Use Manky Coffee Grounds Instead of Palm Oil, Say Scottish Entrepreneurs

By Holly Brockwell on at

The use of palm oil is a serious problem. It's found in around 50% of the packaged products in our supermarkets, yet is "a major driver of deforestation [...] destroying the habitat of already endangered species like the Orangutan, pygmy elephant and Sumatran rhino," per the WWF.

Now, a couple of Scottish entrepreneurs reckon they've solved the problem with manky old coffee grounds.

Scott Kennedy and Fergus Moore worked in cafés while they were studying business at Strathclyde uni in Glasgow, and noticed how much heavy, gross coffee waste was produced.

As Moore puts it:

"About 60% of a cafe's waste is coffee grounds.

In Scotland, that amounts to about 40,000 tonnes a year - across the UK, more than half a million tonnes.

And coffee grounds are so heavy that it takes their waste bill through the roof."

While anyone who needs coffee to function would argue that this waste is entirely warranted, we can all agree that it'd be nice if it could go to better use.

Kennedy and Moore have figured out a way to extract oils from the grounds, which can be used for lots of the same purposes as palm oil. Their company, Revive Eco, collects grounds from cafés to extract and purify the oils from, and is a finalist for a share of £775,000 funding as a result:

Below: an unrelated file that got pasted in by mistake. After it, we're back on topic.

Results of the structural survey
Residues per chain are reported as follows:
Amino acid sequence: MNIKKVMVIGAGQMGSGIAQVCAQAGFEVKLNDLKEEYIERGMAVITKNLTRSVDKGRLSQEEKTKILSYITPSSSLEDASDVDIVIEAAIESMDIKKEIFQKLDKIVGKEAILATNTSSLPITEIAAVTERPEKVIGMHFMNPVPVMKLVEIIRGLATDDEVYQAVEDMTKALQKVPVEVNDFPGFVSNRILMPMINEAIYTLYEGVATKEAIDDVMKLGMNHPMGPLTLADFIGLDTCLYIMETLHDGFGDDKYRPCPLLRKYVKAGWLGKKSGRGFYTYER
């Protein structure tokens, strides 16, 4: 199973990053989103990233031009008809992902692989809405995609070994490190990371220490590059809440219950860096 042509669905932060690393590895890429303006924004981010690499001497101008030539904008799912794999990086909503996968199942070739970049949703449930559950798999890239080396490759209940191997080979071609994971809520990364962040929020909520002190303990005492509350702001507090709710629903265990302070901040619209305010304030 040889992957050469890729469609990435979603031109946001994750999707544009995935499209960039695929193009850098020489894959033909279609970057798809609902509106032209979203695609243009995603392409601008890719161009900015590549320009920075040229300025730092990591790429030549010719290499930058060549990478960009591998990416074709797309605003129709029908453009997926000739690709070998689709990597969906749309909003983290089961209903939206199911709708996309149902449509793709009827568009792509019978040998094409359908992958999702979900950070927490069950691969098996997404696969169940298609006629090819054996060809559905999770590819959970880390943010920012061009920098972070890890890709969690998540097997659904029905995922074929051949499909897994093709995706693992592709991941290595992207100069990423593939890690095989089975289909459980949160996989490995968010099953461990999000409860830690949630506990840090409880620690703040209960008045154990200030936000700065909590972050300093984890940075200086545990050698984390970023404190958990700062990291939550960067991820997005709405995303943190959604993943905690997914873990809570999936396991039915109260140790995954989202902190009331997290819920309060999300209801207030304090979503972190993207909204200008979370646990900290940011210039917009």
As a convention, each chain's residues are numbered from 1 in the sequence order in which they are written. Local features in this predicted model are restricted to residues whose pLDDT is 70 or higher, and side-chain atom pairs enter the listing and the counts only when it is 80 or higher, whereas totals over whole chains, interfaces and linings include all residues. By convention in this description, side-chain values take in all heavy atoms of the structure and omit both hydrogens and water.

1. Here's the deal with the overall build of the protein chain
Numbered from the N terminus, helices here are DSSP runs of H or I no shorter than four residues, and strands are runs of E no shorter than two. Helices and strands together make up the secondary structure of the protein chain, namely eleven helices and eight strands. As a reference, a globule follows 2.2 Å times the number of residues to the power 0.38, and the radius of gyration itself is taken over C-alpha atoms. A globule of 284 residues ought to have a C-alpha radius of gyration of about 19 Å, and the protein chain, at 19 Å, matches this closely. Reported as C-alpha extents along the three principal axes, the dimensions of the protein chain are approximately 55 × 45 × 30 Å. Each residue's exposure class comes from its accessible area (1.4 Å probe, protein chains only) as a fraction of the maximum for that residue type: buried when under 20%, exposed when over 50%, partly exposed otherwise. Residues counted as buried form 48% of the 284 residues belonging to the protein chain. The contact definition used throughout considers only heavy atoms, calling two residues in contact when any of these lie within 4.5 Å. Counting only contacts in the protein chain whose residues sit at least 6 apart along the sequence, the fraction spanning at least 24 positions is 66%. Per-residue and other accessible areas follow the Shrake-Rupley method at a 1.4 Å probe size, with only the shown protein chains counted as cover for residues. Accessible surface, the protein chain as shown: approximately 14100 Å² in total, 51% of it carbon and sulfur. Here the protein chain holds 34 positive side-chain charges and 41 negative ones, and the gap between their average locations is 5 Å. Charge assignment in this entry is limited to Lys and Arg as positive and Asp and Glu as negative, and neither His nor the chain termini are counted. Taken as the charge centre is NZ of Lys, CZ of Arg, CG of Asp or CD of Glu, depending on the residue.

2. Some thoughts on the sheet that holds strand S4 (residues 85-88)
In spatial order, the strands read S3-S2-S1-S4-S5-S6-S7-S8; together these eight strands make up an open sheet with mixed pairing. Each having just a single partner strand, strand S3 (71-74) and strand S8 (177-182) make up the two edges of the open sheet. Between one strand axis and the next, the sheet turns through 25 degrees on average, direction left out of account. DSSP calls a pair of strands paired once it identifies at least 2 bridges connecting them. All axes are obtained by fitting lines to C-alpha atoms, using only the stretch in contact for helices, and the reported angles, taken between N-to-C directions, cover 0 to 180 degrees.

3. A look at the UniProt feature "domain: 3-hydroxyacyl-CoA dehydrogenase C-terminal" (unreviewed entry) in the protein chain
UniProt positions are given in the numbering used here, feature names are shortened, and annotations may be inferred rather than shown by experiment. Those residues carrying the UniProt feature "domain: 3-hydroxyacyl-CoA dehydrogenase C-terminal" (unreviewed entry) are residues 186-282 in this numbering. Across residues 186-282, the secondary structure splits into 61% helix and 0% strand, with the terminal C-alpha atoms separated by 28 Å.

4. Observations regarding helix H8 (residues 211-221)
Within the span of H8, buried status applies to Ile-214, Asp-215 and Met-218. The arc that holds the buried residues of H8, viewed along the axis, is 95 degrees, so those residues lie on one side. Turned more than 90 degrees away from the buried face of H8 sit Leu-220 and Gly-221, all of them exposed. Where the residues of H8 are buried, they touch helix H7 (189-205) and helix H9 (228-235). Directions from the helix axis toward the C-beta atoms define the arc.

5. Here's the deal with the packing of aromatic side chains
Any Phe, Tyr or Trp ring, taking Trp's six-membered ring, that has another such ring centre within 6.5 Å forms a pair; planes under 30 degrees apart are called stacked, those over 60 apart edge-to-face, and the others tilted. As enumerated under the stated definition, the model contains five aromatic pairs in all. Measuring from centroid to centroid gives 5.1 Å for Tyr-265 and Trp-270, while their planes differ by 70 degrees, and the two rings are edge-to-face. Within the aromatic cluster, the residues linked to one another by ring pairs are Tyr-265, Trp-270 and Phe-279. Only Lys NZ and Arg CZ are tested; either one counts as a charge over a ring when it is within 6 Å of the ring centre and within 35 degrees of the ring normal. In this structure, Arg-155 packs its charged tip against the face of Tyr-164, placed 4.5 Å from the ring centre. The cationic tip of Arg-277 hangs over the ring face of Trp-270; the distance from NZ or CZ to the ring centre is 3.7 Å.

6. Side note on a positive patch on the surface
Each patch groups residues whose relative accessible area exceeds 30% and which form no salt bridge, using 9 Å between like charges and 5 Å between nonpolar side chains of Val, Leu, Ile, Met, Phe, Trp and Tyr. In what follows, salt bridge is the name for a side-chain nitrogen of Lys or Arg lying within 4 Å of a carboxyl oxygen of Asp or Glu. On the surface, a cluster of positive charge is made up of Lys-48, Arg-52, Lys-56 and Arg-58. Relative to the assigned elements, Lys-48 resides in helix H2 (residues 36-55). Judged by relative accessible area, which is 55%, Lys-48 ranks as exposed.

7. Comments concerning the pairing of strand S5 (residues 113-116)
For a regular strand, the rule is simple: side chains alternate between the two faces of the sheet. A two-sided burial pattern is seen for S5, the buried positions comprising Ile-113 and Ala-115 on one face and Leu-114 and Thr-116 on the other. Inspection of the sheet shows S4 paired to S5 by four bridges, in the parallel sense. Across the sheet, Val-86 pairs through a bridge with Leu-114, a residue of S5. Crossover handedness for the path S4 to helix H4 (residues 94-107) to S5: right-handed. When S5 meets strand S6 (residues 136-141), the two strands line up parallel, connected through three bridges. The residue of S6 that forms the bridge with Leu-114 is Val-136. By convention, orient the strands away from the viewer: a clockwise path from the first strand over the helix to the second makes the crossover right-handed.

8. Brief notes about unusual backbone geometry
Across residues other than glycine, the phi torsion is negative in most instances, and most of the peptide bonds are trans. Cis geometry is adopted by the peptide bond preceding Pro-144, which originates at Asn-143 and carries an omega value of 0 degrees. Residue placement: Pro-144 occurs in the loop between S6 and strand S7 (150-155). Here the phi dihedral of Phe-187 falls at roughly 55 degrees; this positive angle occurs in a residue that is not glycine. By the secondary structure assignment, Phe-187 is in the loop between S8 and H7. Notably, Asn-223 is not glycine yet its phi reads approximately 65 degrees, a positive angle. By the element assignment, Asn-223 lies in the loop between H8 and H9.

"Every year, over 500,000 tonnes of coffee grounds are generated in the UK, of which 90% are landfilled or incinerated, costing the UK coffee industry $100m. The biochemicals held within the coffee grounds have a range of uses and contain key components that make up palm oil, meaning the volume of nutrient-rich material being disposed is a catastrophic waste of resources. Palm oil production accounts for roughly 10% of global CO2 emissions annually.

Revive offers a waste collection service to divert these coffee grounds and extract maximum value. From the residual material, we create a natural soil conditioner, putting valuable nutrients back into the earth via an entirely zero waste process, and providing a range of industries (such as hospitality, cosmetics and fashion) with sustainable and locally-sourced alternatives to palm oil."

The company has already received more than £200,000 of funding from Zero Waste Scotland.

Revive Eco is representing Scotland against 19 other companies in the Chivas Venture competition, the winners of which will be announced next month. You can vote for them here.

Images: Revive Eco